Janet Miles, CAP-OM (janetmiles) wrote,
Janet Miles, CAP-OM
janetmiles

I seem to have acquired a new role in my life: union activist

See, I joined United Campus Workers (UCW-CWA) earlier this year, and promptly Got Involved, to the point that I was asked to give the speech introducing this year's lobbying campaign. For my permanent records, here it is.

Good evening! I’d like to echo Vice President Kerscheiter's, State Director Dunlap's, and Rep. Tindell's welcomes, and thank you again for taking the time to join us this evening.

United Campus Workers has gained ground in the last few years. It was primarily through our efforts that the state legislature added a floor to the last three years' percentage raises -- and last year was the best yet, with a minimum $900 raise for those making the least money. If you were here in 2005 or 2006, you may recall that the funds for raises were separated, with faculty receiving only vaguely-defined "merit" increases and next to nothing for cost-of-living. In 2007, UCW was able to negotiate for inclusion of faculty in the across-the-board increase, with merit pay being in addition to that.

But that's only a start, and not yet enough. Two years ago, the Faculty Senate determined that a living wage was $22,318. If we look just at full-time, regular employees being paid from general funds, 13% -- more than a thousand people -- are making less than that now, two years later. If we consider all UT employees being paid from general funds -- including student, term, and part-time -- it's even worse, with 35% -- more than five thousand people -- who don't earn a living wage. Even that number doesn't include our contract employees (food service and janitorial), because we don't have access to their salary information.

Brothers and sisters, living in poverty is not the American Dream. Scraping from paycheck to paycheck is not the American Dream. Seeing your salary lag further and further behind market values is not the American Dream. UCW's 2008 Campaign for UT's Working Families wants to reclaim the American Dream for all UT employees! We believe that whatever your family looks like -- whether you’re single or partnered, straight or gay, raising children or caring for elderly parents, helping support a disabled sibling or fostering abandoned animals -- whatever your family looks like, you deserve a living wage. You deserve to be able to buy a house, to own a car, to take a vacation. You deserve to be able to send your kids to school without going bankrupt. You deserve a salary on par with UT's peer institutions. And you deserve the protections granted almost 70 years ago by the Fair Labor Standards Act!

And that’s why the 2008 Campaign for UT's Working Families is two-pronged this year. First, it’s about basic economic fairness. Frankly, we'd like to see a flat raise for everyone. If you took the $20 million that was budgeted for the 2007 raise pool and divided it equally, it would have been $1,800 per person. Even if you take out the amount that was allotted to desperately needed equity raises, we're still talking about almost $1,600 per person. If you made less than $53,000 in 2006, you’d have come out ahead.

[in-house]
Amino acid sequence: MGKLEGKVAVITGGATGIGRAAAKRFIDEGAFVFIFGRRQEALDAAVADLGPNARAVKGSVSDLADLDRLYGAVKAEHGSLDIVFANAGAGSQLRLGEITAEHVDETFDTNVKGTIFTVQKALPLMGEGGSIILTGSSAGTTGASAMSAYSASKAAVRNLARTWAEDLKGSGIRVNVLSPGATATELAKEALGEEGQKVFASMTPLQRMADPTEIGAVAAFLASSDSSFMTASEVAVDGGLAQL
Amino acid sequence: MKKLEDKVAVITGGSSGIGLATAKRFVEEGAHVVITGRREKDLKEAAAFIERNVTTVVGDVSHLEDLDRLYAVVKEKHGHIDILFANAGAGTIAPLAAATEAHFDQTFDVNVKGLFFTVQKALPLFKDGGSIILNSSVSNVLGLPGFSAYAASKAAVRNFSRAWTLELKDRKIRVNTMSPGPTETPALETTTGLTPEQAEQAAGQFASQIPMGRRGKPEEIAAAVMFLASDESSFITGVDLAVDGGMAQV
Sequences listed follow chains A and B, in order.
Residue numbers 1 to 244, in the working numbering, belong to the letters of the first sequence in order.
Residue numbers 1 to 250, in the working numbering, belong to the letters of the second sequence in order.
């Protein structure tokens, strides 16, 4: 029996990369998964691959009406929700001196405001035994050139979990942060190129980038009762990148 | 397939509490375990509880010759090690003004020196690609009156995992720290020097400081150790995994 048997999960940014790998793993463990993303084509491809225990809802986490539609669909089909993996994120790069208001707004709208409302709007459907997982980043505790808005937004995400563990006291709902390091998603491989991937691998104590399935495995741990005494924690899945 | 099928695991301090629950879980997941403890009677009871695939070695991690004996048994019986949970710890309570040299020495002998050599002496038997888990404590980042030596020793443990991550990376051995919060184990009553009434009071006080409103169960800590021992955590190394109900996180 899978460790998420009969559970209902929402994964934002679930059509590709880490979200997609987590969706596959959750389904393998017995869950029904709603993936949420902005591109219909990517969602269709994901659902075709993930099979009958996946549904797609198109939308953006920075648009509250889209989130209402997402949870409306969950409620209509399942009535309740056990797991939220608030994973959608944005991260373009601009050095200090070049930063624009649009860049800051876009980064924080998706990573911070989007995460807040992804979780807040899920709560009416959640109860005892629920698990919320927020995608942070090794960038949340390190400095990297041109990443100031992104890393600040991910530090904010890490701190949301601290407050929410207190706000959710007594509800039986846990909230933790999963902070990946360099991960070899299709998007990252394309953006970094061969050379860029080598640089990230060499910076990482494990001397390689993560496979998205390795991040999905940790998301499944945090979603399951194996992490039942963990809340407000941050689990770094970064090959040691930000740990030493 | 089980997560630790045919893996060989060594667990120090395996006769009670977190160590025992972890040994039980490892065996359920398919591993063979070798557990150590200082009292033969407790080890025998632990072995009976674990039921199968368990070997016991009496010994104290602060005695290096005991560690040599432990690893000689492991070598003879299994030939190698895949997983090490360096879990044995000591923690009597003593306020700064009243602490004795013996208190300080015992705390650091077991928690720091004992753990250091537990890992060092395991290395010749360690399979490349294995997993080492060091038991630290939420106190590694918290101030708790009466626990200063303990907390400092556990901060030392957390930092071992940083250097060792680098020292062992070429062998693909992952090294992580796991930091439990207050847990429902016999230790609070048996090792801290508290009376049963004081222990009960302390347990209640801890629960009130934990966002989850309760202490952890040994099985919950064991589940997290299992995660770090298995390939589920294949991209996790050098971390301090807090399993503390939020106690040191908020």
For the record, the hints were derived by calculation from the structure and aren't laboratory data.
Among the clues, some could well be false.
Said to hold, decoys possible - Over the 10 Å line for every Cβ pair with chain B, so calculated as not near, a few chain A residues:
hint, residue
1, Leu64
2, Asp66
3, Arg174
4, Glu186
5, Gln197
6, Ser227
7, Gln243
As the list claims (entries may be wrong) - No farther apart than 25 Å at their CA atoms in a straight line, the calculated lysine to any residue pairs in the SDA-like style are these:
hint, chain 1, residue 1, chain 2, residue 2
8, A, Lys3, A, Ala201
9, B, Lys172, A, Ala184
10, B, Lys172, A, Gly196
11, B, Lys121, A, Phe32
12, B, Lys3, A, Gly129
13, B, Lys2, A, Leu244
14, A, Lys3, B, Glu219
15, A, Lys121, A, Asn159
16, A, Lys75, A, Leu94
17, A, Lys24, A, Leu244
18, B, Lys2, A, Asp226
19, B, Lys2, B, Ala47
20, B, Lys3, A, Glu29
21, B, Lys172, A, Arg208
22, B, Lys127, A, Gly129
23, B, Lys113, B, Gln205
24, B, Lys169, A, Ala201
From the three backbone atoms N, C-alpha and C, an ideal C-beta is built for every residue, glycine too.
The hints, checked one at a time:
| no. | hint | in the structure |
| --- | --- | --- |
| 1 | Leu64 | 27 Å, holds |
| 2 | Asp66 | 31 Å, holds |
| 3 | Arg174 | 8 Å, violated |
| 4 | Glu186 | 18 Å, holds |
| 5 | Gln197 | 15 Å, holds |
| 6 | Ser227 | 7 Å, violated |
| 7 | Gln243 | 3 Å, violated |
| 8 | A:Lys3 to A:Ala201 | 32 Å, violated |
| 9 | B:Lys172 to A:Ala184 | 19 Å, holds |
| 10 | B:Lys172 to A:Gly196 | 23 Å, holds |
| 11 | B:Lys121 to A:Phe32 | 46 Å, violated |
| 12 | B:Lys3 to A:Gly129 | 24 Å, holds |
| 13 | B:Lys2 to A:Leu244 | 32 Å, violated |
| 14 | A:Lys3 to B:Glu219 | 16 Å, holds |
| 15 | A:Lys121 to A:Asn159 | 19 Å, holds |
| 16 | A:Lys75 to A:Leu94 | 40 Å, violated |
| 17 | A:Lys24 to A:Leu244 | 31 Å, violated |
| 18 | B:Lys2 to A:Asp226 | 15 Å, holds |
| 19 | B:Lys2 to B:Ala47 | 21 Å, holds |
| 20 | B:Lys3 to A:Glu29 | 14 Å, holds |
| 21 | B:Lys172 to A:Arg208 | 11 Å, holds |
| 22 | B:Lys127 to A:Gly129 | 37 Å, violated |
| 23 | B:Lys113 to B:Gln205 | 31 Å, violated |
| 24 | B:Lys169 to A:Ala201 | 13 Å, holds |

We know that won't happen, though. Instead, we are aiming for a 4% raise with a $1,500 floor. Why four percent? Well, inflation last year was about 2%, so we need that much just to stay in one place; and we'd like to see 2% to begin to redress all the years with no raises, where our income remained the same, but the value of that income dropped. We're going to make it clear that this 4% needs to be across-the-board -- faculty as well as staff -- before any so-called merit pay. It's not enough, but just as Rome wasn’t built in a day, neither can we repair a decade of damage in one year's campaign. It's a start.

Second, we want UT to right a wrong. We have almost 200 employees who would normally be considered non-exempt, who would normally receive Fair Labor Standards Act protection and time-and-a-half pay for overtime. But because those people work at the Agricultural Experiment Stations, they are classified as "agricultural production workers," and they're exempted from that portion of the Act. People, that’s just not right!

Now, to be fair, UT does have the law on its side. That exemption does exist. But really, was it written into the law to protect multi-million dollar research universities? No! That was written for the small farmer half a century ago, someone who needed to hire extra hands during planting and harvesting seasons, someone who needed to be able to work those long hours because of the pressure of time.

Just because something is legal, sisters and brothers, doesn't make it right. It's been 130 years since unions campaigned for "8 hours work, 8 hours rest, and 8 hours to call our own." Why in the world are we still fighting that same battle today? UT shouldn't expect people to consistently work 45 hours or more per week, and certainly shouldn’t expect them to do so at straight-time wages.

And that is why we have unions: together, we are strong. We need your commitment, your fire. We need you to talk to your co-workers about UCW. The more members we have, the stronger we are -- and it's true that the whole is greater than the sum of its parts. We need you to help lobby UT administration and our state legislators, whether it be by writing letters, making phone calls, or showing up in Nashville to demand fair treatment. We need you to talk to your friends and neighbors and encourage them to tell our representatives to support our goals!

An educated populace is vital to a healthy society. Without us, the workers, the faculty and staff, UT couldn't provide the broad-based education it does, both in terms of classes and extension outreach to working farmers. Shouldn't we see our fair share of the compensation?

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